volume XLVI, number 47, November 2001


Historias y argumentos

[Stories and Arguments]

Carlos Pereda

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Abstract: Experience can be organised in various ways, for example, in the form of stories or arguments. This paper defends that at least these two forms possess irreductible functions of their own. First, six differences between stories and arguments are discussed (in contrast with arguments, stories possess: “nearness” to experience, relative singularity, intrinsic criteria of evaluation, lack of connection between form and truth, variety of functions, and open structure). Afterwards, three common meta-properties are discussed (both discursive forms intermingle constantly, both establish places of dispute and of cooperation, both are instruments of diversity). When is one or the other discursive form to be used? There are no precise, fixed and general criteria to decide. With respect to this, each speaker depends on his or her capacity of judgment.
Keywords: Arguments, Fiction, Stories, Irreducibility, Reality

Viejo y nuevo pragmatismo

[Pragmatism, Old and New]

Susan Haack

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Abstract: C.S. Peirce, the founder of pragmatism, proposed a reformed, scientific philosophy guided by the pragmatic maxim, identifying the meaning of a concept with its experiential consequences. Over time, however, pragmatism evolved: from Peirce’s logical, ideal-realist articulation, through James’s more psychological and nominalist pragmatism, until, in our times, Richard Rorty, who proposes in the name of pragmatism that the metaphysical and epistemological territory at the traditional center of philosophy be abandoned, and that philosophy remake itself as a genre of literature, while at the other extreme such scientific philosophers as Paul Churchland and Stephen Stich also describe themselves as pragmatists. Looking at the history of pragmatism from Peirce and James through Dewey, Mead, and Schiller to the present, this article traces the transmutation of the old pragmatism into the new.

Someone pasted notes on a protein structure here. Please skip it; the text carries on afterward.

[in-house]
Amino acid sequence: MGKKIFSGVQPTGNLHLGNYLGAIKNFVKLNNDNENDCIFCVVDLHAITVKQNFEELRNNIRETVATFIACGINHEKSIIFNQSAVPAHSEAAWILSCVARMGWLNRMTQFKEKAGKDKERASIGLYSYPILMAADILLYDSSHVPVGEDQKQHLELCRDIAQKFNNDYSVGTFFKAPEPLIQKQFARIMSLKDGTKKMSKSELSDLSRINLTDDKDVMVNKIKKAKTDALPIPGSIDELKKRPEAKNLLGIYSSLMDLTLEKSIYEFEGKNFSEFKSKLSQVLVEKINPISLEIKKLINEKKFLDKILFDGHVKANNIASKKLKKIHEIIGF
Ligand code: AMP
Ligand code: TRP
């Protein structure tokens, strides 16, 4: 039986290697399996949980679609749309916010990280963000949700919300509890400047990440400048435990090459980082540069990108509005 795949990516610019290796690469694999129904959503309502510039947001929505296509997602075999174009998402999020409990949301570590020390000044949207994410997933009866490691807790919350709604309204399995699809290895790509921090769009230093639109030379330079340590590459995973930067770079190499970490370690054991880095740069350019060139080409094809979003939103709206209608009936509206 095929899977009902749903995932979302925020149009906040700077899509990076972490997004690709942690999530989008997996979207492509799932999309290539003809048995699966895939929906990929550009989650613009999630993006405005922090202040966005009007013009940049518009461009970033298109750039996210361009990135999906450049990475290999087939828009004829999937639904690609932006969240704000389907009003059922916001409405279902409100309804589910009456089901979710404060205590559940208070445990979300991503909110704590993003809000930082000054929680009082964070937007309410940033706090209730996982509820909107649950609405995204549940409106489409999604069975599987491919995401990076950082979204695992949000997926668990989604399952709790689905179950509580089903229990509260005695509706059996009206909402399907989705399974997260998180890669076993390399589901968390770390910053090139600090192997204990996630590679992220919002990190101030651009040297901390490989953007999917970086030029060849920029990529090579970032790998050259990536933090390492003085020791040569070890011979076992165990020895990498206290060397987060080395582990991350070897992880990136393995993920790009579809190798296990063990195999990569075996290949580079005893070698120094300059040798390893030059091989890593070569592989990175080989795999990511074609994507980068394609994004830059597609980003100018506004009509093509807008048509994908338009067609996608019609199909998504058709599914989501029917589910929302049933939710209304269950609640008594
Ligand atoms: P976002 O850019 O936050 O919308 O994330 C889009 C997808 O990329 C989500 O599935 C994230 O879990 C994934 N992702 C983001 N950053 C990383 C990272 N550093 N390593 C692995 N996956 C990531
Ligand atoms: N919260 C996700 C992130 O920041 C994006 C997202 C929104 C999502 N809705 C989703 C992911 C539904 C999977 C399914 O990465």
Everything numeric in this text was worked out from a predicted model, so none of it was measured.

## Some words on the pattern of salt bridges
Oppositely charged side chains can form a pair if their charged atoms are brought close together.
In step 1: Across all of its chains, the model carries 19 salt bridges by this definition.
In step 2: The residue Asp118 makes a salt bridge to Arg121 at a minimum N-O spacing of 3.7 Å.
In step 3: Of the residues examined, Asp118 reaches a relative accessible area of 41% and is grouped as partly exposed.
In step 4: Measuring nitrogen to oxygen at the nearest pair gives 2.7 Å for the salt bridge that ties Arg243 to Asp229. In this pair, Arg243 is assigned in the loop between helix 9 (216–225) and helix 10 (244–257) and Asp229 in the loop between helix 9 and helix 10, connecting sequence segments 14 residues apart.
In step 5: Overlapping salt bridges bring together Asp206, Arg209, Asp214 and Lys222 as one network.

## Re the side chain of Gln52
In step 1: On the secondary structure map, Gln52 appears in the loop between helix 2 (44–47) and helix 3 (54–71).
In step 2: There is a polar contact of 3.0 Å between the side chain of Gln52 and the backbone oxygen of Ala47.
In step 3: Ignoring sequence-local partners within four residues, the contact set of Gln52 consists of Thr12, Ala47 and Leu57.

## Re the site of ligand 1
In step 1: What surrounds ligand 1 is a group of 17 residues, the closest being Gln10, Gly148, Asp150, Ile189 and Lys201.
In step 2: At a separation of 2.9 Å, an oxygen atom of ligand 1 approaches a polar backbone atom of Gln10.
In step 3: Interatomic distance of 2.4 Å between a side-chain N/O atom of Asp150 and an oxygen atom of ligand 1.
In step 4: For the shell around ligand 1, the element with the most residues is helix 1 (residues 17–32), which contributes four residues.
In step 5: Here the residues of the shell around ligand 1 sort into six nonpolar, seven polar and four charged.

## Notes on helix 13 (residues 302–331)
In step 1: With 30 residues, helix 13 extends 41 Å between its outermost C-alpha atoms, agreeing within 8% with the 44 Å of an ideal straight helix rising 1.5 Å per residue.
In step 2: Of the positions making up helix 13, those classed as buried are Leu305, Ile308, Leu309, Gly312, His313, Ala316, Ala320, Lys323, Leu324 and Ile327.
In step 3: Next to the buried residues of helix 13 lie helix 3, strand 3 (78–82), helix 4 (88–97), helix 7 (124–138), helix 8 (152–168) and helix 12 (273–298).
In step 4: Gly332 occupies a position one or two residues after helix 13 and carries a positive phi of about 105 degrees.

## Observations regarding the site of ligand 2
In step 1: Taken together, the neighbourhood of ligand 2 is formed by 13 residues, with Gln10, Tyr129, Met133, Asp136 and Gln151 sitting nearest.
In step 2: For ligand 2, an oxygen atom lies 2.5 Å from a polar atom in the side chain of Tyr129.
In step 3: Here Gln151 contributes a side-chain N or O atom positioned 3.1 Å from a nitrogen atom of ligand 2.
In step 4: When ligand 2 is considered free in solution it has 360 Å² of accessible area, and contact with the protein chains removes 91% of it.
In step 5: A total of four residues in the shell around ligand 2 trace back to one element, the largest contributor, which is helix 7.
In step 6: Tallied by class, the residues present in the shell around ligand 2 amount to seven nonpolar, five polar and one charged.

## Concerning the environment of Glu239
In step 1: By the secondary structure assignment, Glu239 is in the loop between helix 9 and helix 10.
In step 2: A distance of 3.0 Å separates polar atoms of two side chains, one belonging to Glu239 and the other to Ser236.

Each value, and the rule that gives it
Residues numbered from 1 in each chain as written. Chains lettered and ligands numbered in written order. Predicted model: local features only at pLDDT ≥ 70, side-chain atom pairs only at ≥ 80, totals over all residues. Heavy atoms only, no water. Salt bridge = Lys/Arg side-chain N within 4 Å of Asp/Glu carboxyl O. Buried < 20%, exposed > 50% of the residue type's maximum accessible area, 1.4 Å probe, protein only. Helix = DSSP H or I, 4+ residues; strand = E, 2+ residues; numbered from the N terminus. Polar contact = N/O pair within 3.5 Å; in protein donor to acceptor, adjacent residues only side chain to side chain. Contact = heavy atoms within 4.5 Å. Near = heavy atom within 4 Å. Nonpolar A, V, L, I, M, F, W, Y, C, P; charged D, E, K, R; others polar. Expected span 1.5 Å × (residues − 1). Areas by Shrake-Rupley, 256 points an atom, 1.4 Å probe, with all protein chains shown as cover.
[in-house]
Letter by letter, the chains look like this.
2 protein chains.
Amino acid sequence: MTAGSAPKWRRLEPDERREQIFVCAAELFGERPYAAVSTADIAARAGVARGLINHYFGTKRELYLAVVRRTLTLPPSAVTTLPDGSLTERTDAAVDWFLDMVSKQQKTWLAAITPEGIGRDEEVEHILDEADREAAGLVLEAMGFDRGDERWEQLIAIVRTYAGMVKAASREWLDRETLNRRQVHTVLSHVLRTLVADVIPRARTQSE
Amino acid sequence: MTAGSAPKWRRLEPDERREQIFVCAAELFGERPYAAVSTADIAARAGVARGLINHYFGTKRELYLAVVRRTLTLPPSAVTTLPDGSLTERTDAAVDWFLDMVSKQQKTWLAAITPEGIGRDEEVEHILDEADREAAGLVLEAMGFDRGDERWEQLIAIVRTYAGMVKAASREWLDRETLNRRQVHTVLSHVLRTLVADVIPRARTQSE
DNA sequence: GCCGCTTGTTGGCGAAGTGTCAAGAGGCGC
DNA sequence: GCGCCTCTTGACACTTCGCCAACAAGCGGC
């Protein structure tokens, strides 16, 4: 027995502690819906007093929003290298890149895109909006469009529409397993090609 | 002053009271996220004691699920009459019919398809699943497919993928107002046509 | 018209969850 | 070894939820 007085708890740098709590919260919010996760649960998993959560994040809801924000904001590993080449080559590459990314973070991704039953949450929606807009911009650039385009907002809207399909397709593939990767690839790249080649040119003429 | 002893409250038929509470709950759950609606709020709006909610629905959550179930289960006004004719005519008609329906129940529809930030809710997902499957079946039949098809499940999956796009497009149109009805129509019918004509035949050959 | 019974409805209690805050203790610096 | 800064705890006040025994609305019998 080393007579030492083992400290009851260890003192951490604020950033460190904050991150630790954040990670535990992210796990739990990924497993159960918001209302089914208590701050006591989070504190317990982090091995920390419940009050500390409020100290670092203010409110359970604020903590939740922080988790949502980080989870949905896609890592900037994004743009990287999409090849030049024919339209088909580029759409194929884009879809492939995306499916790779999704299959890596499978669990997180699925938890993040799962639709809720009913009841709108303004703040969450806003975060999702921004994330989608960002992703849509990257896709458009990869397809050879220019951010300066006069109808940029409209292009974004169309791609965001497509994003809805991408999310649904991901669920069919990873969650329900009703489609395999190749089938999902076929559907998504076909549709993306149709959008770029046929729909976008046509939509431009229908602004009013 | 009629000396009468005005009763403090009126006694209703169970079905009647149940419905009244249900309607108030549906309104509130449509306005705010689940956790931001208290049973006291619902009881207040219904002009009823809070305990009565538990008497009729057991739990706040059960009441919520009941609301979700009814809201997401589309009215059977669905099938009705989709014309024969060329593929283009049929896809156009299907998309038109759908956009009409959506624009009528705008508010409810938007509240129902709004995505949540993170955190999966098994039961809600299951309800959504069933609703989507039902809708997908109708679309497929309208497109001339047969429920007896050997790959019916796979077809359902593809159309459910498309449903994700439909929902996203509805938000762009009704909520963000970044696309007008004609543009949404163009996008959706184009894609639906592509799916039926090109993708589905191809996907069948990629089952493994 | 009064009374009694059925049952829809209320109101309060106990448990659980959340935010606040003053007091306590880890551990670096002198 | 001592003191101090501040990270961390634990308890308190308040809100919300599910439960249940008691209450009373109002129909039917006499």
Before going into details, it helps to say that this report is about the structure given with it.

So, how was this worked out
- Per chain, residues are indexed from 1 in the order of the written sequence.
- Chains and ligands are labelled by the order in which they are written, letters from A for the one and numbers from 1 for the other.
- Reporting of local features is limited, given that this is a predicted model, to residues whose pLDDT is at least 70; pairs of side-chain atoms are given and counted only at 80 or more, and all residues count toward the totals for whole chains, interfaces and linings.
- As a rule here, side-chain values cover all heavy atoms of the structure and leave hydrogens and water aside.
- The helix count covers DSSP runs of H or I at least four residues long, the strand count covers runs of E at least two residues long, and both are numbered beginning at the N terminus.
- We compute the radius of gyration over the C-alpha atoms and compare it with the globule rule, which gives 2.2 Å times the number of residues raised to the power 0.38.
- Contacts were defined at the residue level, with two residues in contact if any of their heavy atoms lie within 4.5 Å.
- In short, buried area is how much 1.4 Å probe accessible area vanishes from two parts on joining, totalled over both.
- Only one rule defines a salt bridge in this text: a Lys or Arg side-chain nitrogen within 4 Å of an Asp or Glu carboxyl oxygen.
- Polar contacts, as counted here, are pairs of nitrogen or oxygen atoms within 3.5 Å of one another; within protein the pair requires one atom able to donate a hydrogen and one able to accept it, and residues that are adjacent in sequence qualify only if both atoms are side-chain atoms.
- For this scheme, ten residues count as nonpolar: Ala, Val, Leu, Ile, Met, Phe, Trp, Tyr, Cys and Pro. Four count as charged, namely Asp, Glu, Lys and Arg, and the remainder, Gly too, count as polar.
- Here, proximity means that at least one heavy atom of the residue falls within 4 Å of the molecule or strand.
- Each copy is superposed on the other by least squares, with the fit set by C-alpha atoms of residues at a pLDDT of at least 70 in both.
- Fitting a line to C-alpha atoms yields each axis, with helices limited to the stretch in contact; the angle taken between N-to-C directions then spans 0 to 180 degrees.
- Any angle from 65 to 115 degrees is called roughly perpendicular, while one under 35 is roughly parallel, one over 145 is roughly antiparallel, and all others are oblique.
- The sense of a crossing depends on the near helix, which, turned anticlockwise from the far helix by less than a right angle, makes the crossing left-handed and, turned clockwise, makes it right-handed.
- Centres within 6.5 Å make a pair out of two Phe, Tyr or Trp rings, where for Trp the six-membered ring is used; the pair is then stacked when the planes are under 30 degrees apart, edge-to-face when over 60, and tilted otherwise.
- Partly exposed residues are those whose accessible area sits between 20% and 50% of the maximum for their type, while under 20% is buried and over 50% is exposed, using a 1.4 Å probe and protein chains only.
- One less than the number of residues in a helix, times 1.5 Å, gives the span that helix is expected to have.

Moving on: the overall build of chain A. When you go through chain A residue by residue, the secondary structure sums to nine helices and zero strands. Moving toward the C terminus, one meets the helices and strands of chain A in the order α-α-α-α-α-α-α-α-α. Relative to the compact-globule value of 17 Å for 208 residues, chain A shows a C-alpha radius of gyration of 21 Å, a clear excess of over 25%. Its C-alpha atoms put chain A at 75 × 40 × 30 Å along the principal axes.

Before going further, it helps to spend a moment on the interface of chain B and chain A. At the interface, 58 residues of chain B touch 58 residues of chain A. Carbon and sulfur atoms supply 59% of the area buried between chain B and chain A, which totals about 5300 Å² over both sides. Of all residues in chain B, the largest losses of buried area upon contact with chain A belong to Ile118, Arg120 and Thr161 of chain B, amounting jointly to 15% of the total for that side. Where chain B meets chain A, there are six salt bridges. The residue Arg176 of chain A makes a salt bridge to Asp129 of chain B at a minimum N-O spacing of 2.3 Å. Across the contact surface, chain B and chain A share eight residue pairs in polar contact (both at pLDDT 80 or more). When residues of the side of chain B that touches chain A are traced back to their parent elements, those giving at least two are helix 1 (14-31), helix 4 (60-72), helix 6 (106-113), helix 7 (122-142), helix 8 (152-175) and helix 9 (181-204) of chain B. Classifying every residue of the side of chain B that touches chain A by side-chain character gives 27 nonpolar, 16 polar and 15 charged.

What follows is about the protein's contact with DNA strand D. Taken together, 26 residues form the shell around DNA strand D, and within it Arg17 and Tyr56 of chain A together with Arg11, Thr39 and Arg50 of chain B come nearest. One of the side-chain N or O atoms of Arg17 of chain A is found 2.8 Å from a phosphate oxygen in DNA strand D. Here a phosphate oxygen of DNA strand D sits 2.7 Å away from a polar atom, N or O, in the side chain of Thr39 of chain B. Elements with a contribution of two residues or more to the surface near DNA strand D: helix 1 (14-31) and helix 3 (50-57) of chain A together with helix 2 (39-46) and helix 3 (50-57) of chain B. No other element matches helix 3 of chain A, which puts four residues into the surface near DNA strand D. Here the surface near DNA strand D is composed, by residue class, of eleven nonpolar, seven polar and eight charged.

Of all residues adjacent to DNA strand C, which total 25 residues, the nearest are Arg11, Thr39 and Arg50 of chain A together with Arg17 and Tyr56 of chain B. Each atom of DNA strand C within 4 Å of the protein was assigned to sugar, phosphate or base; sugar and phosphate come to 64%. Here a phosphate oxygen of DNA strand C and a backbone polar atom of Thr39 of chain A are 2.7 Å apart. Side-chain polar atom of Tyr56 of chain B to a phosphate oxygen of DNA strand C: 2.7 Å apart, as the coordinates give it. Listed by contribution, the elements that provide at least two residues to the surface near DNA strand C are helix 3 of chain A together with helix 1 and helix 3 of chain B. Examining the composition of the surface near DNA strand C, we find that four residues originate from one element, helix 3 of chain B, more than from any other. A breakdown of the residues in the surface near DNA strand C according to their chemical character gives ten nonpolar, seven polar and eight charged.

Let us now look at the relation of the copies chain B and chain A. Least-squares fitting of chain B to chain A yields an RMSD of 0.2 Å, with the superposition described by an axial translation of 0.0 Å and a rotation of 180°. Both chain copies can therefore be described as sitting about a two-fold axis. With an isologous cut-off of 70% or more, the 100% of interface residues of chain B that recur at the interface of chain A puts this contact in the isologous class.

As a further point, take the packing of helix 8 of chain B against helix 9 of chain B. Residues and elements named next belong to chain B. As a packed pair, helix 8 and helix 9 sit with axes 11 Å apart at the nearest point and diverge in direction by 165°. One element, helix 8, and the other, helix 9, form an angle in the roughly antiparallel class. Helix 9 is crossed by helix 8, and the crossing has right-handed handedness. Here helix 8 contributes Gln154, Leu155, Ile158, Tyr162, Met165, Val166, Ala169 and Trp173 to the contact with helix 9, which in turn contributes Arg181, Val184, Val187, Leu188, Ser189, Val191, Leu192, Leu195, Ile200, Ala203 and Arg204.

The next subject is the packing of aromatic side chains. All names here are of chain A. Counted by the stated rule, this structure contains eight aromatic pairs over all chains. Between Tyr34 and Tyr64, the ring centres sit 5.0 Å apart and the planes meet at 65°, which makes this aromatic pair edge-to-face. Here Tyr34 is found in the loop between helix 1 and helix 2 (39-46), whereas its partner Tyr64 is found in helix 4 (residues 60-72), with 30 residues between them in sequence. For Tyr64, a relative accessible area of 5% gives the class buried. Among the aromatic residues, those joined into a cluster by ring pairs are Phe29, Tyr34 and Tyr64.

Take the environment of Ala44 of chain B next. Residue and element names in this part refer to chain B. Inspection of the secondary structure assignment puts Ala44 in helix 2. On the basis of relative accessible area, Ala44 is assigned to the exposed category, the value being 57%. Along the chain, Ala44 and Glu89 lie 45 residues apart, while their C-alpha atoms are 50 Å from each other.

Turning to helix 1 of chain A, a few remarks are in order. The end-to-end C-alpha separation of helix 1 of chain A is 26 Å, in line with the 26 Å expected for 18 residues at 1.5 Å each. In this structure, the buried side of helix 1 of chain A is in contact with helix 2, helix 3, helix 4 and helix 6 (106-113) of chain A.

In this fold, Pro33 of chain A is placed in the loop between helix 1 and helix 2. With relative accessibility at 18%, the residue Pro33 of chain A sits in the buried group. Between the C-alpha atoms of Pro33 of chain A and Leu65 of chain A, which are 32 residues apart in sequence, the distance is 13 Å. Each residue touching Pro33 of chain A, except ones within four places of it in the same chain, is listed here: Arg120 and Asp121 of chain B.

Keywords: Pragmatism, Peirce, Rorty, Truth, James

El gran juego: de Sócrates a José K.

[The Big Game: From Socrates to Joseph K.]

Oscar Nudler

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Abstract: A conceptual framework to deal with the prevailing mood of uncertainty surrounding the meaning of life is introduced. To begin with, the interconnections between meaning of life, form of life and image of the world are highlighted. As a consequence, the three elements are seen as a tripod supporting human existence. The historical development of such tripod from its origins in ancient Greece is then represented as a game —the Big Game— with players standing for contending images of the world. It is claimed that such game went through three major, destabilizing crises each of which symbolically associated to a judicial episode: the trials of Socrates, Galileo, and Joseph K, respectively. A further claim is made that the first two crises were followed by a reconstruction of the tripod but the last one led to its destruction, thereby depriving the meaning of life from its foundation. Finally, the possibility of a Socratic, post-foundationalist meaning of life concept is pondered.
Keywords: Image of the World, Postfoundationalist, tripod, Meaning of Life